What the World Bank Needs

Yesterday’s appointment of Dr. Jim Yong Kim as World Bank president marks a remarkable departure from the past. Not only is Dr. Kim the first person of Asian descent to become president of the World Bank (he immigrated to the United States from South Korea at the age of 5) but unlike his predecessors who have been bankers, politicians, or technocrats, Dr. Kim has dedicated his life’s work to international development. He is the first to have in-the-field development experience as a physician and public health expert. As President Obama declared, “It’s time for a development professional to lead the world's largest development agency.” As students dedicated to international development, we could not agree more.

Since its birth in the 1944 Bretton Woods Conference, the World Bank has favored conservative “free-market” policies with detrimental, unintended consequences for the poor. For instance, the countries that accepted structural adjustment loans—loans that were tied to strict neo-liberal reforms—guided by the World Bank were often forced to siphon money away from their health sector to avoid defaulting on their debt, ultimately resulting in further dependency on loans and further accumulation of debt. We applaud President Obama’s nomination and the bank board’s appointment of Dr. Kim as representing an important shift away from the neoliberal orthodoxy of the Washington Consensus.

Dr. Kim’s ideology reflects the World Bank’s broader mission of economic growth, while still recognizing the problematic ramifications of past World Bank policies. What makes Dr. Kim a profound thinker can be found in his seminal work, "Limited Good, Limited Vision." Dr. Kim was the first to fight back against the pervasive notion of “limited good,” which argues that funding more expensive development programs detracts from equally necessary, less-expensive initiatives. Dr. Kim urged the development community to move from “theories of limited good to theories and actions that are based on an understanding of the scale and importance of the problem.” Unlike his predecessors, who focus primarily on the cost-effectiveness of programs, Dr. Kim recognizes the underlying economic and moral imperatives of the World Bank to focus on equalizing efforts that invest in human beings. His vision of inclusive growth promotes long-term prosperity coupled with attempts to build equity and scale up community development successes.

Dr. Kim’s philosophies have been shaped by years of in-the-field experience, another reason that he is such an inspired choice for the World Bank presidency. As co-founder of Partners in Health, which delivers health care in resource poor settings, Dr. Kim has worked directly with the most marginalized populations of Haiti, Peru, Rwanda, Lesotho, and the United States. The geographic breadth of his work, ranging from capital cities to villages, demonstrates precisely the practical exposure to development that the World Bank president ought to wield. In his op-ed, Kim said, “I have confronted the forces that keep more than one billion people trapped in poverty.” He continued, “I want to hear from developing countries, as well as those that provide a big share of the resources to development, about how we can together build a more inclusive, responsive, and open World Bank.” Indeed, Dr. Kim’s practical experience as a physician to the global poor has shaped his vision of inclusivity and openness.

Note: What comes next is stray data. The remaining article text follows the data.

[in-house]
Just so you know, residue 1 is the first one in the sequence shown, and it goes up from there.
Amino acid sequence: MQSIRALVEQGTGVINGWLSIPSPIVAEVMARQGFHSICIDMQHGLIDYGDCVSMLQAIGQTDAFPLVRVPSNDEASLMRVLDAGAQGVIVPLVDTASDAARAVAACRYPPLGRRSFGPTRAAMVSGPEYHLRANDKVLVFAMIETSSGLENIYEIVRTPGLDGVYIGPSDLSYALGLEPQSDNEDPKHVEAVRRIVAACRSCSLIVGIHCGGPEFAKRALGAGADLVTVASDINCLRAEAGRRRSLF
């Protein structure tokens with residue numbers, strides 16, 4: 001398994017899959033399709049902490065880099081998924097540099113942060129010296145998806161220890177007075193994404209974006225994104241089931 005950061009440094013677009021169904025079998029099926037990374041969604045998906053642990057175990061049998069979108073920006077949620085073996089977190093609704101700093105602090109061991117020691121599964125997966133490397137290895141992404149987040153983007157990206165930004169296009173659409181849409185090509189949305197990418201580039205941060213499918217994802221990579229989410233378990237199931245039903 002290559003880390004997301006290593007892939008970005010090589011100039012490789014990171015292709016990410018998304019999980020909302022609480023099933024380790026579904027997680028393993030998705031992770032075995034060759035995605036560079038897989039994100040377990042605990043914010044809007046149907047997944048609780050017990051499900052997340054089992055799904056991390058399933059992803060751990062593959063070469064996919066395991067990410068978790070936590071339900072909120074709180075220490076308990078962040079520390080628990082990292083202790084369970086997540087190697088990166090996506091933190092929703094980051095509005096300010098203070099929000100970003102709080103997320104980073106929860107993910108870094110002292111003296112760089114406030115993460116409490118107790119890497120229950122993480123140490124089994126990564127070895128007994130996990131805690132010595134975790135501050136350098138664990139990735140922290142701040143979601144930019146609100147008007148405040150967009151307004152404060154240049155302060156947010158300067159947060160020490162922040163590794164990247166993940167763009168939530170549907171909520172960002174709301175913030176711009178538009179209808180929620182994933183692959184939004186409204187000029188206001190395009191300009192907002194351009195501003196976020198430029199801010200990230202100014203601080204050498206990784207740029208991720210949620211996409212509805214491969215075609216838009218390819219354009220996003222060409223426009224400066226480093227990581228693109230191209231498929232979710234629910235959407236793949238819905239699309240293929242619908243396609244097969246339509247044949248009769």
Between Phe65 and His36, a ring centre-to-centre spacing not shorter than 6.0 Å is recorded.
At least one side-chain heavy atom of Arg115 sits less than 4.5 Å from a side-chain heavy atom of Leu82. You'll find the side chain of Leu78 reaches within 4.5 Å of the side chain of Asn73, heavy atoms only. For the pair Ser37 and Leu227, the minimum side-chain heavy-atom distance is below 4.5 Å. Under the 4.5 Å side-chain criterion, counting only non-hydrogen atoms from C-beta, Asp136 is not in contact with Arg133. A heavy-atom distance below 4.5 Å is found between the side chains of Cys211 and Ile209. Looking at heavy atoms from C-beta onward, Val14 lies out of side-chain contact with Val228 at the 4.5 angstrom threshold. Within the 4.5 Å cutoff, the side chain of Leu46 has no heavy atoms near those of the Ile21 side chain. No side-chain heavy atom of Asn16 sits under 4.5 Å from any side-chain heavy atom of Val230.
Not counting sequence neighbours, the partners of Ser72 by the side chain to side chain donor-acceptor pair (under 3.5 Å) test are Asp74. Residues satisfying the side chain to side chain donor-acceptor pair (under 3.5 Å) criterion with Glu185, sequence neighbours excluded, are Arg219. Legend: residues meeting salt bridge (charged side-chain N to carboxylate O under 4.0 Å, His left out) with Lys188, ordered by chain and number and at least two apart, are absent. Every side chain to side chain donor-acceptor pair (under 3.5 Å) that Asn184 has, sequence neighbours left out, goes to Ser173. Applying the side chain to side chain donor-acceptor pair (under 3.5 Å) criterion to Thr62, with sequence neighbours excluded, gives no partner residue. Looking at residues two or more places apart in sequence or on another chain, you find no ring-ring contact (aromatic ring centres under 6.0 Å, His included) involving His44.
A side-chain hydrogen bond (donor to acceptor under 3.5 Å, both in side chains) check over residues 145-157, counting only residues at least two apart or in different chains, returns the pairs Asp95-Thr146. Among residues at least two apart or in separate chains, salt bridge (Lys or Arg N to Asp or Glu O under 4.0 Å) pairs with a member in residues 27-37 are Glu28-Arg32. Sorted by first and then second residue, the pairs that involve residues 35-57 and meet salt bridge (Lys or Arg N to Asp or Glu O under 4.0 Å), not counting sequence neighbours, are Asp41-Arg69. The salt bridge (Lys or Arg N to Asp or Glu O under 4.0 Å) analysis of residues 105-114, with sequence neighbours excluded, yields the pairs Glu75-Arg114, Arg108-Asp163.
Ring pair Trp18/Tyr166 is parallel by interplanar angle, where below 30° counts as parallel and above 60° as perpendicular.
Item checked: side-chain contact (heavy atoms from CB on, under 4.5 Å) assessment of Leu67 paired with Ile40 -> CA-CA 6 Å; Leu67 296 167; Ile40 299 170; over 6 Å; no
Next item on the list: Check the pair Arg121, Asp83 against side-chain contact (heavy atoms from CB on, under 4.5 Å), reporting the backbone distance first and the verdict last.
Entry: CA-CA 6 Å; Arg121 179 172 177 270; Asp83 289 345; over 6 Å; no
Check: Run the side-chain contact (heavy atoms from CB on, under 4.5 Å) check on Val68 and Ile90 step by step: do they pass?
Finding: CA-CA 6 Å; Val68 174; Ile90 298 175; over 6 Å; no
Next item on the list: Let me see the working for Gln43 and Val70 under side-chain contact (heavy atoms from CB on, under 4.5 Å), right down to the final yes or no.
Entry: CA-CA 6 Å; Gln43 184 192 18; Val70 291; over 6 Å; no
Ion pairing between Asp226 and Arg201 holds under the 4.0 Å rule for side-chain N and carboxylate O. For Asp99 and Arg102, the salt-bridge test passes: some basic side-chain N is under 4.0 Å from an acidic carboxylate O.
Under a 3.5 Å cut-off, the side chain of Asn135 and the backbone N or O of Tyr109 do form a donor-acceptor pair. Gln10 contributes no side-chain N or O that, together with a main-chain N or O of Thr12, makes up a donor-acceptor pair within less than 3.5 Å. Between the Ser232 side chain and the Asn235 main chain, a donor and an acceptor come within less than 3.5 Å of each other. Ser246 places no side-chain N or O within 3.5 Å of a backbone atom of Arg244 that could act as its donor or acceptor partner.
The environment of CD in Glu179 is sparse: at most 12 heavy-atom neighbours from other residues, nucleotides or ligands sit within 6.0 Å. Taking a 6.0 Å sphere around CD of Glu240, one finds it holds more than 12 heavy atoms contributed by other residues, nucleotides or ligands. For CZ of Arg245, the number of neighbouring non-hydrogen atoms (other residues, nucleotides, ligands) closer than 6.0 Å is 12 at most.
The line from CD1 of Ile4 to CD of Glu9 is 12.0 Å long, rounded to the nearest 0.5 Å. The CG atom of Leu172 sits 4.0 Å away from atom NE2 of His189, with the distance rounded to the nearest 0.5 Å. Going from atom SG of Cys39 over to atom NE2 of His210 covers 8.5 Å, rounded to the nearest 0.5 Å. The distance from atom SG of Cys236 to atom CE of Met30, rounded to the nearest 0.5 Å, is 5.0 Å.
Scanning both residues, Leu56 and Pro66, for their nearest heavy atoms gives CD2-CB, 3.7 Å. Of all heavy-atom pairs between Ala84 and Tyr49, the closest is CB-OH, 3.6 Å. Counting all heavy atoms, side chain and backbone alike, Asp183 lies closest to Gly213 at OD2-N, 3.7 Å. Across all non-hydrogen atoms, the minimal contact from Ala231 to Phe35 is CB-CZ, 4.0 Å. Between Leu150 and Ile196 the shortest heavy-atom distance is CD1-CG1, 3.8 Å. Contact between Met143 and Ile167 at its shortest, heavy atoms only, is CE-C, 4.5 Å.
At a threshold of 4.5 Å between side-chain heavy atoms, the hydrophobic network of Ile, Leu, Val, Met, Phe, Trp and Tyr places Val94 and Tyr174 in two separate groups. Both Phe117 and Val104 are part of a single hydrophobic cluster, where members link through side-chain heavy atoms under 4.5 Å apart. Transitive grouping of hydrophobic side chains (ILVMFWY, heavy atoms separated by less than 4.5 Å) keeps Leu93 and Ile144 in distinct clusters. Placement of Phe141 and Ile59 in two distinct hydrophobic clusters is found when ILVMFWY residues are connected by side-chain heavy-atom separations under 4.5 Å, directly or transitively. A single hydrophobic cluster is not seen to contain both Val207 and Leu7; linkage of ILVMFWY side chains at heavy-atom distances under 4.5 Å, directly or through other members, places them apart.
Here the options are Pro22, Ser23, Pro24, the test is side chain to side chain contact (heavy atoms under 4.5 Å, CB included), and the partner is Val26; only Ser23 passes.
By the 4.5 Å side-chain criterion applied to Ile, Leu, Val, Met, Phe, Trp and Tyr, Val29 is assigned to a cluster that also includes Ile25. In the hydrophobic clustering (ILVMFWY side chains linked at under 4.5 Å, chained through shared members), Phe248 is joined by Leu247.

Dr. Kim’s determination to make the World Bank more inclusive reflects his leadership capacity. Despite his humility, Dr. Kim has proven that he is not afraid to challenge the status quo, an attribute that couldn’t be of greater importance in the realm of development economics, where models and orthodoxy often outweigh practical, scalable solutions. Dr. Kim fought against conventional wisdom that argued that PIH’s work was not cost-effective, in fact showing that health is the fundamental pillar to economic growth. When appointed advisor to the director-general of the World Health Organization, and later, director of the WHO’s HIV/AIDS department, Dr. Kim led the “3 by 5” initiative, designed to put 3 million people living with AIDS in developing nations on treatment by 2005.  Launched in 2003, the program reached its goal in 2007, demonstrating that individuals deemed untreatable could actually be treated effectively. Finally, Dr. Kim’s numerous positions within institutions of higher learning demonstrate his capacity for leadership. In 2009, Kim left his post at Harvard to become president of Dartmouth College, where he proved to be an astute leader, particularly in successfully handling the university’s budget crisis.

As members of the Harvard Global Health and AIDS Coalition, which had the honor of having Dr. Kim as an advisor, we look to Dr. Kim as a visionary. When Dr. Kim co-taught Anthropology 1825: Case Studies in Global Health, he emphasized the importance of evidence-based rationality and intellectual rigor coupled with genuine compassion and inclusivity. We would be shocked if his critical eye does not create a noticeable change in the World Bank. Dr. Kim’s track record has demonstrated his ability to focus on the outcomes of development, rather than becoming trapped in the bureaucratic machinery of the processes behind it. We hope that Dr. Kim will lead and innovate with the fervor that we have always admired, bringing sustainable, equitable development to the communities that the World Bank has always claimed to serve.

Alyssa T. Yamamoto ’12 is a study of religion concentrator living in Dunster House. Isabel R. Ostrer ’14 is a social studies concentrator living in Quincy House. Cara S. Guenther ’13 is an anthropology concentrator living in Eliot House. They are members of the Harvard Global Health and AIDS Coalition.

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